Clean audit in 2007 is DOD's goal

Each day the Defense Department seems to uncover another financial or business system to add to its already massive modernization program.

But even as the scope of the systems consolidation grows, officials are sticking to the goal of a clean financial audit by 2007.

DOD has faced stinging criticism from Congress and federal overseers as the number of systems in the project has ballooned from 2,274 to more than 4,700. Many systems are duplicative and unable to communicate.

The next clean financial audit the department receives will be its first. DOD plans to hire about 300 auditors within the next three years to deal with its complex financial statements.

Earlier this year, the department accepted financial improvement plans from the military services to comply with the DOD comptroller's accounting policies.

'These are changes to address near-term weaknesses,' said Elizabeth McGrath, deputy director of DOD's Business Modernization and Systems Integration Office, the program office for the Business Management and Modernization Program.

McGrath warned that funding will be cut for programs incompatible with the department's business enterprise architecture.

DOD needs to do a better job of managing and overseeing the systems it approves for development, the Government Accountability Office said in a recent report. The department also must build a central systems repository for the modernization and even define what a business system is, said Gregory Kutz, director of financial management and assurance for GAO, formerly the General Accounting Office. He testified this month before the House Government Reform Subcommittee on Efficiency and Financial Management.

BMMP, established by Defense secretary Donald Rumsfeld in July 2001, is having no more success 'getting everybody to play in an integrated manner' than when it first began, Kutz said.

Meanwhile, DOD has spent billions of dollars to operate, maintain and modernize its accounting, acquisition, logistics and personnel systems.

The BMMP office in February released Version 2.0 of its business enterprise architecture, but GAO found little improvement over the first.

Version 2.2 of the business architecture will be ready by the end of July, according to lead contractor IBM Corp. It will be the first version to include DOD's Enterprise Business Process Model for meeting a variety of financial requirements.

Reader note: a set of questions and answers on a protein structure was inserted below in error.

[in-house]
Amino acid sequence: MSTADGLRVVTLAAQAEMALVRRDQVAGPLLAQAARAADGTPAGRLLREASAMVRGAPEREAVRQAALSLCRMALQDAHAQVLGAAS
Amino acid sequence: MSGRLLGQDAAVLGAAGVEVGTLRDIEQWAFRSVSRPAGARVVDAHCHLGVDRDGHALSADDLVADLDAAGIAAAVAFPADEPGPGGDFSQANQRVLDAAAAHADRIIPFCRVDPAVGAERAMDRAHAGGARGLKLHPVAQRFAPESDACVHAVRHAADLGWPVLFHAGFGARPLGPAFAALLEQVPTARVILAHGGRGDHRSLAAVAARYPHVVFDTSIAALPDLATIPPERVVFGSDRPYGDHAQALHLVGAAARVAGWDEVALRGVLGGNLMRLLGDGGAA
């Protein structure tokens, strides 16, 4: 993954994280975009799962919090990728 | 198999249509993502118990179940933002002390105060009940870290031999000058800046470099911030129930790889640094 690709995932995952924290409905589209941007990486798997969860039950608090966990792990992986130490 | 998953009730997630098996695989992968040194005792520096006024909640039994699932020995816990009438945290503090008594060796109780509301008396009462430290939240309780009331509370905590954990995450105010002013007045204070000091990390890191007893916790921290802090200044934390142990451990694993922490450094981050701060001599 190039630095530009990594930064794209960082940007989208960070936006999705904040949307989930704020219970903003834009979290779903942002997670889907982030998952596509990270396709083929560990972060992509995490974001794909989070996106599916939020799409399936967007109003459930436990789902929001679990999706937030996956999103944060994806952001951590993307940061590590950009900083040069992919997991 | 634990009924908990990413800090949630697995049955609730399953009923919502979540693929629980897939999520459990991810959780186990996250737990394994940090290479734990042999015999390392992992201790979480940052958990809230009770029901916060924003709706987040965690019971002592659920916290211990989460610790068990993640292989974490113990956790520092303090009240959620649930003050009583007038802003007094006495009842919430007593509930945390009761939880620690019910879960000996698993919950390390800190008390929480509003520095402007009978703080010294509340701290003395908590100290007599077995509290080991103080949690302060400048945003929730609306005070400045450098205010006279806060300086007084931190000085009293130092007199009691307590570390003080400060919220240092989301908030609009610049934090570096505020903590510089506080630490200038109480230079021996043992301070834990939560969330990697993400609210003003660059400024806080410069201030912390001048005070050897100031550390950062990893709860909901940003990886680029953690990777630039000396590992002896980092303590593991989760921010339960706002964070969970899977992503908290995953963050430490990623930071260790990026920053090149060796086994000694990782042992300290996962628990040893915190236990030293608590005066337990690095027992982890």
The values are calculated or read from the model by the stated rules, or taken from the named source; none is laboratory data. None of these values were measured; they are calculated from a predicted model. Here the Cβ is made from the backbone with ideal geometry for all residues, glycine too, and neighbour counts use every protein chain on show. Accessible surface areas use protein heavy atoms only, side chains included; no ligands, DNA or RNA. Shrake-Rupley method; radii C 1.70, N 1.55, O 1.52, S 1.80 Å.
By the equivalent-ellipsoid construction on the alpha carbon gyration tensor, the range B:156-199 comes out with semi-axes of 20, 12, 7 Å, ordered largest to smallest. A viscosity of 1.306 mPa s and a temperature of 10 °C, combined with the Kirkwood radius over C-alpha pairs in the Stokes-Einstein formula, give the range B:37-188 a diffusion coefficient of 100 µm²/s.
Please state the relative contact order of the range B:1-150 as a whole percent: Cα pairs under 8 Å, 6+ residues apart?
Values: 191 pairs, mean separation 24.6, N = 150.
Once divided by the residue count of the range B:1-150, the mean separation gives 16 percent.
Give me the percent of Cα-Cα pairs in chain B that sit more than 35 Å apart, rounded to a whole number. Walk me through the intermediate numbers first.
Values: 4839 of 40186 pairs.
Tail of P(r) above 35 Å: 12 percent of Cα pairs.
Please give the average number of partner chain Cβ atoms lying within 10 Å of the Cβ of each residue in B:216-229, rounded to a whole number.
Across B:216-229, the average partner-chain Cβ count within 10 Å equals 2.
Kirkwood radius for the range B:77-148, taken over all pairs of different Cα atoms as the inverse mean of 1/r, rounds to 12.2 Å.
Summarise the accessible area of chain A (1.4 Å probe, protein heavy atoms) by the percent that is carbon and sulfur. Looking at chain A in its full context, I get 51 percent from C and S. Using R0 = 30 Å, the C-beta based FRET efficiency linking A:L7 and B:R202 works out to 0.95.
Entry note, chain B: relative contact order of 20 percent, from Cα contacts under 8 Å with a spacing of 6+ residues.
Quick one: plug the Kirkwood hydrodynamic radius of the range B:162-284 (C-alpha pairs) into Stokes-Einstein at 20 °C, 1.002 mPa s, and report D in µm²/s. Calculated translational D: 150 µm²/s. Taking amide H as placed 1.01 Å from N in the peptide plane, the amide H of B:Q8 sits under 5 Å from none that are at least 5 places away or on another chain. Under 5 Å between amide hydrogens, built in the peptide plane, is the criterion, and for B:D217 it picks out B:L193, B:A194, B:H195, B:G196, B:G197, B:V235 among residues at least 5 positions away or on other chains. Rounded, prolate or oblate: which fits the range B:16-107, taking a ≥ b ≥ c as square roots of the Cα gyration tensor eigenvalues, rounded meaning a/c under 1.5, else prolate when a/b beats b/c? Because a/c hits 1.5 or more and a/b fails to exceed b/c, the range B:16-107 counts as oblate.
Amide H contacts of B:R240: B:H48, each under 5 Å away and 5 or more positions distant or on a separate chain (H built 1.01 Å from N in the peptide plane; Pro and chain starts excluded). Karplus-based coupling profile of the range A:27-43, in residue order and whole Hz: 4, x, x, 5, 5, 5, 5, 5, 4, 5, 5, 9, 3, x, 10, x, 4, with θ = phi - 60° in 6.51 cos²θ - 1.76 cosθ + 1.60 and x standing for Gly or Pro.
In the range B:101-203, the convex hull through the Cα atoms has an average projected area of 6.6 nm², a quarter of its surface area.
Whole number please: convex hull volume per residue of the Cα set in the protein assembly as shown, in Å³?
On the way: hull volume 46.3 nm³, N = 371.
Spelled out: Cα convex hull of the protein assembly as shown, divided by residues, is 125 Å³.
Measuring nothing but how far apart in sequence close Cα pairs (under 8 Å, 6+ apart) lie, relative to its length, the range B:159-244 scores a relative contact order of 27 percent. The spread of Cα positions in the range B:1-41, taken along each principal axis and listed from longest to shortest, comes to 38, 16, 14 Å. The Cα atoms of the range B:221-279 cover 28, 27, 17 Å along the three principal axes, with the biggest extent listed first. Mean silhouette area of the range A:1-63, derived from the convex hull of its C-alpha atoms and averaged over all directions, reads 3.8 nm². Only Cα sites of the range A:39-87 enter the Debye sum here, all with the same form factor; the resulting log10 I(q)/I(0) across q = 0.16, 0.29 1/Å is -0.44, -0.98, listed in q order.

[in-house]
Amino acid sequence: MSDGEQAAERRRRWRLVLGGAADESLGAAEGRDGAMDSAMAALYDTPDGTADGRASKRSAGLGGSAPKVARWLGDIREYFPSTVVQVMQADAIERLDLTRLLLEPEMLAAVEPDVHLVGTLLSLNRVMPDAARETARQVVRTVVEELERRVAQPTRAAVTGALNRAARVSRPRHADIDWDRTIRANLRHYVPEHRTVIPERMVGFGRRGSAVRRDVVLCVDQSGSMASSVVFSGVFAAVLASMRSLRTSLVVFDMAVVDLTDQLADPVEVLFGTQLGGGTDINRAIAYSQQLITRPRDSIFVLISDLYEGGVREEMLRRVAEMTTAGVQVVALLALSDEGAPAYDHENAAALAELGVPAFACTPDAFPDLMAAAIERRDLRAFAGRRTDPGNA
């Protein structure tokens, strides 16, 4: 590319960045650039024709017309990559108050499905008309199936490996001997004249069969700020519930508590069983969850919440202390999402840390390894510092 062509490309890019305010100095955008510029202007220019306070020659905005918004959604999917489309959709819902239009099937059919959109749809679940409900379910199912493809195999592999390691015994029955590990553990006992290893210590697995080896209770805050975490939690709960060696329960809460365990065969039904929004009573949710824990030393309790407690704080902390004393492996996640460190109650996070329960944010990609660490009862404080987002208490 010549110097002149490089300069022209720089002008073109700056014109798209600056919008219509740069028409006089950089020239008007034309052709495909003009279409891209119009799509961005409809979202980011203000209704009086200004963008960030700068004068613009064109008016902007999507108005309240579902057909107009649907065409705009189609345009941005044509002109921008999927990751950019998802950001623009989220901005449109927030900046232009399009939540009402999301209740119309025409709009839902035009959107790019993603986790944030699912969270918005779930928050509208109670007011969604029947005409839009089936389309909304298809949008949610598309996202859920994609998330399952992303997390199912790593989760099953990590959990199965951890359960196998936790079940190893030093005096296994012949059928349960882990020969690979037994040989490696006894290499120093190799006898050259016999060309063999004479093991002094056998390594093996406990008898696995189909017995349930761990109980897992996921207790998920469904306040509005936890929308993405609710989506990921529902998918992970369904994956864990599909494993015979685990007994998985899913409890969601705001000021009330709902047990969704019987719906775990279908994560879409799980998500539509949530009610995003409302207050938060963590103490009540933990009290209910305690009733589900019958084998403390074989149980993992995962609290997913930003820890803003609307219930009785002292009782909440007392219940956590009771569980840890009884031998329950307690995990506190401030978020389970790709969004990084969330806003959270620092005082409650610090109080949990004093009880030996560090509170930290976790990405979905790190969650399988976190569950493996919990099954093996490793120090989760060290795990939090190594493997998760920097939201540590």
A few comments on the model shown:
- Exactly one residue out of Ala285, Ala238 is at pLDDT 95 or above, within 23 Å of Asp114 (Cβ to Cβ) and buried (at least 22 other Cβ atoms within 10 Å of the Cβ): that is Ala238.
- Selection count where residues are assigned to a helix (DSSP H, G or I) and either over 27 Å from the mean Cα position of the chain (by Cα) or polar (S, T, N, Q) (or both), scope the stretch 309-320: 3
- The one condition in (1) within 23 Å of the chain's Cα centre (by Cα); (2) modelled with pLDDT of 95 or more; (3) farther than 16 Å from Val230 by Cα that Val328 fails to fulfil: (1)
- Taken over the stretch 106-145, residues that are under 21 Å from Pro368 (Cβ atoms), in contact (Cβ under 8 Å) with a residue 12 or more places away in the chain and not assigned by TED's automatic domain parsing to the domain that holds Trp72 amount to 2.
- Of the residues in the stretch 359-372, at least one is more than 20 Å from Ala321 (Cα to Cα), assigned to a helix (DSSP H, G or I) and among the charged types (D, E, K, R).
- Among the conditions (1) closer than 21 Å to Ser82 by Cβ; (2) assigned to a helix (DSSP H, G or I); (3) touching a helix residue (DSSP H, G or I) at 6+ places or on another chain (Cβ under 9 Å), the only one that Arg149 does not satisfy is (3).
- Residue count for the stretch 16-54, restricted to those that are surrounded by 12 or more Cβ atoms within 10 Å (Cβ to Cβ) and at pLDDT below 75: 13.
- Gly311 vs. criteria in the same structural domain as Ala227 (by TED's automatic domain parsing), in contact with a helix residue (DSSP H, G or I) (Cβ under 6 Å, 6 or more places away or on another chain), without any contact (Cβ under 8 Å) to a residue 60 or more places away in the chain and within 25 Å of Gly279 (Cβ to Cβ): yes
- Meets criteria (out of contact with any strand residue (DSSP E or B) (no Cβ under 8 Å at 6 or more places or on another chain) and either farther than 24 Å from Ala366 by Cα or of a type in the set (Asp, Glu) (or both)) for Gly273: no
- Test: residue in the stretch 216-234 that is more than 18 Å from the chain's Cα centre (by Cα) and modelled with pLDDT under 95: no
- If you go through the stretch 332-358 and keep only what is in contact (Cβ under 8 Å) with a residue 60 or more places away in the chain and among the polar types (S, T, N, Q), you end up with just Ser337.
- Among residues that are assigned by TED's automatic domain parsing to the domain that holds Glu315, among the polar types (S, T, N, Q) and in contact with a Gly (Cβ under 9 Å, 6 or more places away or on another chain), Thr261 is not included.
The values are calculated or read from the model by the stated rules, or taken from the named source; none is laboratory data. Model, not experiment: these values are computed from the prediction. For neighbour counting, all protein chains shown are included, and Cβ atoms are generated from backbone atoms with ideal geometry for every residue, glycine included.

McGrath said Version 2.2 deals with many of GAO's concerns. 'They were looking for some of the financially relevant rules and regulations, and we didn't have all of them in the architecture,' she said.

For fiscal 2004, DOD requested about $19 billion to operate, maintain and modernize its business systems. In 2003, the department got $18 billion for the effort.

After three years of work and more than $203 million spent, there has been no significant change in the content of the architecture or in the department's approach to spending on existing and new systems, GAO found.

The Defense Department disagreed.

Larry J. Lanzillotta, who served as acting DOD comptroller until he left July 16 for the private sector, told committee members the department is making progress in correcting weaknesses and controlling its business system investments.

Lanzillotta said DOD has:
  • Established a progressively more comprehensive inventory of business systems
  • Designed an incremental strategy to achieve transformation goals

  • Organized into seven business domains with designated leaders for acquisition, accounting and financial management, environmental liabilities, logistics, personnel and readiness, program and budget, and technology infrastructure and real property

  • Established a portfolio management process for domain owners.

But legislators and GAO said BMMP has had more failures than accomplishments.
'Progress has been slow, investments ineffective,' Kutz said.

'Billions continue to be invested in business systems with inadequate oversight and accountability,' said Rep. Christopher Shays (R-Conn.).

No consequences

Subcommittee chairman Rep. Todd Platts (R-Pa.) said service officials know 'there are no consequences' when they continue to develop unintegrated systems.

Kutz offered lawmakers an example of two large military systems currently under development that are not integrated with the business enterprise architecture: the Army's Logistics Modernization Program and the Defense Logistics Agency's Business Systems Modernization project. He said he reviewed both systems and found they will face significant integration problems.

GAO also criticized BMMP for poorly sustained top-level accountability, deeply embedded cultural resistance to change, lack of performance measures and monitors, and inadequate incentives and accountability mechanisms.

But McGrath said there will be consequences by January, once the business enterprise architecture is mature enough to evaluate financial transactions in systems such as LOGMOD and BSM.

If any major military transformational system fails to comply with the architecture's business processes, the department will have its funding cut, McGrath said.

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